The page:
Torre's new book is a thriller, The Good Lie, and focuses on Dr. Gwen Moore, who is an expert on killers who has spent the past decade of her psychiatric career treating California's most depraved predators and unlocking their motives. Her office is a safe outlet where her patients can talk out their most violent fantasies, which Gwen believes will keep them from offending, and she has been proven right so far.
That all changes when one of Gwen's patients turns up in a suspicious murder-suicide, which rocks her self-confidence to see the warning signs. Despite how shaken she is, Gwen can't pass up the opportunity of a lifetime when it comes across her desk.
The police have arrested a suspect in their hunt for the notorious Bloody Heart serial killer, whose latest teenage victim escaped and then identified local high school teacher Randall Thompson as his captor.
Thompson's defense attorney swears he's innocent, and has asked Gwen to put together a psych profile of the killer to help clear his client's name. The only wrinkle is that the defense attorney, Robert Kavin, is a father who is still traumatized at losing his son to the BH Killer.
Gwen and Robert grow closer as they dig into the investigation, but grave questions arise. Gwen is suspicious that Robert is hiding something, and that he might not be the only one with a secret.
Dust Off the Bones
By Paul Howarth
Harper, an imprint of HarperCollins Publishers; hardcover 368 pages; $25.99
Paul Howarth is a British-Australian author and former lawyer who has an MA in creative writing from the University of East Anglia, where he was awarded the Malcolm Bradbury Scholarship. His debut novel, Only Killers and Thieves, came out in 2018 to international acclaim, and it won the Barnes & Noble Discover Award for best fiction and appeared on numerous other awards and book-of-the-year lists.
In the new novel, Dust Off the Bones, a sequel to his debut, Howarth takes us back to turn-of-the-century Australia and we follow the story of brothers Tommy and Billy McBride; Katherine Sullivan, the widow of their family's killer; and the sadistic Native Police officer Edmund Noone.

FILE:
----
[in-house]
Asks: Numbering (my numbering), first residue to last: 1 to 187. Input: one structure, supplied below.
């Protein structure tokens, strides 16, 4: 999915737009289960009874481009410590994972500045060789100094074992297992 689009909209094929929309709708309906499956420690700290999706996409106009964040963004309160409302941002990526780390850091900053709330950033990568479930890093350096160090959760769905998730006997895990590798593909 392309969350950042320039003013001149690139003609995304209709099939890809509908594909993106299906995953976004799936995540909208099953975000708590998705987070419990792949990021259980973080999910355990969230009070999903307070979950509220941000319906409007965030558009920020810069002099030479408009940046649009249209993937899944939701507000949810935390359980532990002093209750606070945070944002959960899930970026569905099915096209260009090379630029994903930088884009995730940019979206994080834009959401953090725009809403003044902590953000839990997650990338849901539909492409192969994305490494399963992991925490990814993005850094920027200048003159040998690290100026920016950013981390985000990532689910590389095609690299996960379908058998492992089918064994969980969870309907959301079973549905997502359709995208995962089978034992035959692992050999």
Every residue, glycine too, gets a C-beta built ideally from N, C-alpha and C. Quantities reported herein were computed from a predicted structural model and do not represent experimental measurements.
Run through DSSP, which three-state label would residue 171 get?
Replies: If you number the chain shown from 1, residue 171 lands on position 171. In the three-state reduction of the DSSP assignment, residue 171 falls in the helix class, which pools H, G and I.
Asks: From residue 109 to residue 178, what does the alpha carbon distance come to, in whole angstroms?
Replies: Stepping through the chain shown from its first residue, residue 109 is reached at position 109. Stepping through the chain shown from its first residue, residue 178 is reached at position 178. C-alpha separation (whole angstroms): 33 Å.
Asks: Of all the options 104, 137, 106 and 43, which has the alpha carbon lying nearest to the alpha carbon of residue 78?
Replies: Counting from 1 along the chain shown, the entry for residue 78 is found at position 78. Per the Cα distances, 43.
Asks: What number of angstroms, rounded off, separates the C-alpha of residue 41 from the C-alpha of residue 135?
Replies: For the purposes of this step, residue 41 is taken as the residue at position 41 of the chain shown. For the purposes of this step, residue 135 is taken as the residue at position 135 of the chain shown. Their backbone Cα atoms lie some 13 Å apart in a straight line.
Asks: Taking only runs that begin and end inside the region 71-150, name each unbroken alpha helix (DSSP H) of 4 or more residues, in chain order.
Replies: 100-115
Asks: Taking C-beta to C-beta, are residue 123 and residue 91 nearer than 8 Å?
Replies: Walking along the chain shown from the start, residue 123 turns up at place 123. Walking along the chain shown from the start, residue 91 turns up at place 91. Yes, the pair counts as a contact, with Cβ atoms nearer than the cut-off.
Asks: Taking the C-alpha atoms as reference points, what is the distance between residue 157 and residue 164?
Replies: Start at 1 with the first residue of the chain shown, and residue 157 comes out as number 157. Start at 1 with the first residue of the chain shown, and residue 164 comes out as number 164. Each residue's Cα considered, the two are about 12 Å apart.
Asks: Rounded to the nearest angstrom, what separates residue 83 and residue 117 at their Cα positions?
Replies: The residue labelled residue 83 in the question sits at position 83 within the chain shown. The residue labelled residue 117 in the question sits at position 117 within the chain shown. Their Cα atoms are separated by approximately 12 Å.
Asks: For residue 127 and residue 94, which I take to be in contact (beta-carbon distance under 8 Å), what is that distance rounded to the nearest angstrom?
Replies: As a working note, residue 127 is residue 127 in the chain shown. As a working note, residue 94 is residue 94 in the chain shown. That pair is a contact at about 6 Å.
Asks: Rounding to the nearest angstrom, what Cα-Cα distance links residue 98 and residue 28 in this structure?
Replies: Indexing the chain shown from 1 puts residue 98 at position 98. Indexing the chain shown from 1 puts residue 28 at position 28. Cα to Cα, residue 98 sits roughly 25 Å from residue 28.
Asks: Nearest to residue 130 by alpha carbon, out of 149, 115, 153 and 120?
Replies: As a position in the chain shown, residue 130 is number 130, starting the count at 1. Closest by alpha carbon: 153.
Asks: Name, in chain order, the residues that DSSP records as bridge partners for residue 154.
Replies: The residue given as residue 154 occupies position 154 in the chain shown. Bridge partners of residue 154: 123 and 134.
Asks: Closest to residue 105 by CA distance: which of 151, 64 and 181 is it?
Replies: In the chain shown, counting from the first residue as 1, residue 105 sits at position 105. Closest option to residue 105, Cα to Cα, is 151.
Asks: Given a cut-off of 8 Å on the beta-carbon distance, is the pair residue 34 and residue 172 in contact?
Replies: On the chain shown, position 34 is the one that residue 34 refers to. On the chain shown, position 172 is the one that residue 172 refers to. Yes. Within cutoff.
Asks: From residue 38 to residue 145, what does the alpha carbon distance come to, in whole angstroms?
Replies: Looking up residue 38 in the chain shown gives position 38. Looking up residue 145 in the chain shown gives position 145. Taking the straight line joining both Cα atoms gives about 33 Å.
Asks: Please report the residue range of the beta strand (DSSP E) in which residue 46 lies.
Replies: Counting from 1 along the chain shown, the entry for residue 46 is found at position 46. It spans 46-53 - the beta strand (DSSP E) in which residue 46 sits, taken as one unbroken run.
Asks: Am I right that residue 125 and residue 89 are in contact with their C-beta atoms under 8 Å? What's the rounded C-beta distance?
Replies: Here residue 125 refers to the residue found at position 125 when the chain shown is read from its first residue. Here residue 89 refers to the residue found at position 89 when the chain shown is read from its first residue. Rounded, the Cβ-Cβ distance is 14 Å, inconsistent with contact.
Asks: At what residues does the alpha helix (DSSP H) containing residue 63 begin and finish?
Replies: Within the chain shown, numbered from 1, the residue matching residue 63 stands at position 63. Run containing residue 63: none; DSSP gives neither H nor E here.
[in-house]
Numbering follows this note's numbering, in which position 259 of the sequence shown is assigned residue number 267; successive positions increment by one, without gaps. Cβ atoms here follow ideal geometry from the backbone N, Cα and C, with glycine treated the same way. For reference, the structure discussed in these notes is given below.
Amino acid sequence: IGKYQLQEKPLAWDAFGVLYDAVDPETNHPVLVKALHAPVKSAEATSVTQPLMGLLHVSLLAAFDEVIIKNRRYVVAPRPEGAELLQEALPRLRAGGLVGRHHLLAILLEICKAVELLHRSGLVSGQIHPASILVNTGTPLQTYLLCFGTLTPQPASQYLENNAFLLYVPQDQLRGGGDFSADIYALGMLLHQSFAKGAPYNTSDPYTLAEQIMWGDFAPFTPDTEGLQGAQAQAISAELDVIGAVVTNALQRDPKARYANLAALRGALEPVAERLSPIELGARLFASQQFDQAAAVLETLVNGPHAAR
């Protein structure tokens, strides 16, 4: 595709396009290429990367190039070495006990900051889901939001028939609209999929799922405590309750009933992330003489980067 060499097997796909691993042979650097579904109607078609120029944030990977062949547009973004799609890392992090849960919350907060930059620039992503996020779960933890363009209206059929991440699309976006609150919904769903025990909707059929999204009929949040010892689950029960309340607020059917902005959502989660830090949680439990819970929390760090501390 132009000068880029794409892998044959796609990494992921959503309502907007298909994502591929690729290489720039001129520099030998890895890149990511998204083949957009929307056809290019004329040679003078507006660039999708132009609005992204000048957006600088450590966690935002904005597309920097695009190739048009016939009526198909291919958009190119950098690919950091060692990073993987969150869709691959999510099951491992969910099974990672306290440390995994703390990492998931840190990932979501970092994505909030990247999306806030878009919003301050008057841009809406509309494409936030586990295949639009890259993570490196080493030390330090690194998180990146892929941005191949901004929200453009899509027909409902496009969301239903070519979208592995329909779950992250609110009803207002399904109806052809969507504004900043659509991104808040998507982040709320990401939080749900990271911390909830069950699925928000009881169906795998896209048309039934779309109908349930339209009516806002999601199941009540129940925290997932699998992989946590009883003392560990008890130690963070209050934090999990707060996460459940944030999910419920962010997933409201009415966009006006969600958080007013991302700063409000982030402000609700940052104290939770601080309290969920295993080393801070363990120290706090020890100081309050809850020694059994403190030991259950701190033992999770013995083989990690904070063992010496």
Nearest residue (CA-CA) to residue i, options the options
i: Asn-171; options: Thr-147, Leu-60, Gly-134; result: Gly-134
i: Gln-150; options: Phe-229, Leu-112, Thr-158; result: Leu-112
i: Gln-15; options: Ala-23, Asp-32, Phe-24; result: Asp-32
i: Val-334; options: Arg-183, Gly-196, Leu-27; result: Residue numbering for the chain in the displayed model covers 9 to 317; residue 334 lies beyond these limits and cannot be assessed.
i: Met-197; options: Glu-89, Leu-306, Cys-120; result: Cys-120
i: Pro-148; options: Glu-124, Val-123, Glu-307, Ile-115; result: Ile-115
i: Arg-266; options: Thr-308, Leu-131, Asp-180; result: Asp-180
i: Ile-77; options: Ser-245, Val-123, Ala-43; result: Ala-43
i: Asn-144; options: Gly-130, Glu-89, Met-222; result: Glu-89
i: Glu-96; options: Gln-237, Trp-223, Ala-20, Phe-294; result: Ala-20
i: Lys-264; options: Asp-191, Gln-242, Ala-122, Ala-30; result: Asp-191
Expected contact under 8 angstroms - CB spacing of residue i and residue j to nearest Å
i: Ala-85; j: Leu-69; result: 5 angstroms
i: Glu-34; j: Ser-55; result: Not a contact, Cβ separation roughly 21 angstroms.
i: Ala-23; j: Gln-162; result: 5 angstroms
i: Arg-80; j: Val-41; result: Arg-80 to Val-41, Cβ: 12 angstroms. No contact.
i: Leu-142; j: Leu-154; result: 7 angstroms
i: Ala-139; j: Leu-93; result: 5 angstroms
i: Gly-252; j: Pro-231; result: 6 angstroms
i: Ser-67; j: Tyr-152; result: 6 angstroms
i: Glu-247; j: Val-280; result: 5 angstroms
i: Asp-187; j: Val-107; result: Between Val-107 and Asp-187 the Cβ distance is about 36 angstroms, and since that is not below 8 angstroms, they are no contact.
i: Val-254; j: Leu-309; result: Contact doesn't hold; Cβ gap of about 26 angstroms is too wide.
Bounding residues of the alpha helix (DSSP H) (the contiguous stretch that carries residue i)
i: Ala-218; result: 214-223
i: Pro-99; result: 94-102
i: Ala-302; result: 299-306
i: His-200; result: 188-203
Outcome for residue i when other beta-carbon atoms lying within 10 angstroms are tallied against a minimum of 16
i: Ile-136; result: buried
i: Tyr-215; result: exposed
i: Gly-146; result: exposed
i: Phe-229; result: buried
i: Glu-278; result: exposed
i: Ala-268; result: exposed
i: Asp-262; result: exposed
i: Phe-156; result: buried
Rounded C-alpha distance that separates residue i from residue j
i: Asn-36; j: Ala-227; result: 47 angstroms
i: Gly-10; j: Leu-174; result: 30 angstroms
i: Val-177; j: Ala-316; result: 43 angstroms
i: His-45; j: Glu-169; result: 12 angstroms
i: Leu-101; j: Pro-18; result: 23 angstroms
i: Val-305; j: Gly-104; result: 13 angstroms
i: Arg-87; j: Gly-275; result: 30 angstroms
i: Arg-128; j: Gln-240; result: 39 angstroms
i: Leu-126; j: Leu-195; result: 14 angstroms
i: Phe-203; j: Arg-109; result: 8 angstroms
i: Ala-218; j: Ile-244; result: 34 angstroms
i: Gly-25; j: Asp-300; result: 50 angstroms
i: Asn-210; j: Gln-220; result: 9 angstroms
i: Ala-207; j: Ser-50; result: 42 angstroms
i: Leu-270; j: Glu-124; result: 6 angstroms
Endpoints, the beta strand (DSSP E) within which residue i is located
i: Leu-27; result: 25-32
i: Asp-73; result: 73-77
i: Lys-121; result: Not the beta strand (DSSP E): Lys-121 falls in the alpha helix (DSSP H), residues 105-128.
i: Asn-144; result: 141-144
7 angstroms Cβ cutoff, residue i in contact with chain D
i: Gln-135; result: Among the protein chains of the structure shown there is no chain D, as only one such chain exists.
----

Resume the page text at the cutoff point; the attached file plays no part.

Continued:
In 1890, Tommy and Billy are living far apart in Queensland, each dealing in different ways with the trauma that destroyed their family. Billy is now twenty-two years old and bottles his guilt to justify his past crimes while attempting to revive his father's former cattle run and navigate his feelings for the young widow, Katherine.
Meanwhile, Katherine is cherishing her newfound independence but is struggling to establish herself as head of the vast Broken Ridge cattle empire that her corrupt late husband mercilessly built.
Even in the outback, the past cannot stay buried forever. A judicial inquest is ordered into the McBride family murders and the ensuing reprisal slaughter of the Kurrong people, and Billy and Chief Inspector Edmund Noone, who led the massacre, are called to testify.
Billy is forced to relive events he has long refused to face, and he desperately needs to find his brother, Tommy, who for years has been surviving in the wilderness, attempting to move on with his life. Noone is also looking for Tommy, and he is out to silence both brothers for good.
Howarth, in this tale of enthralling adventure, examines timeless issues of injustice, honor, morality, systemic racism, and the abuses of power.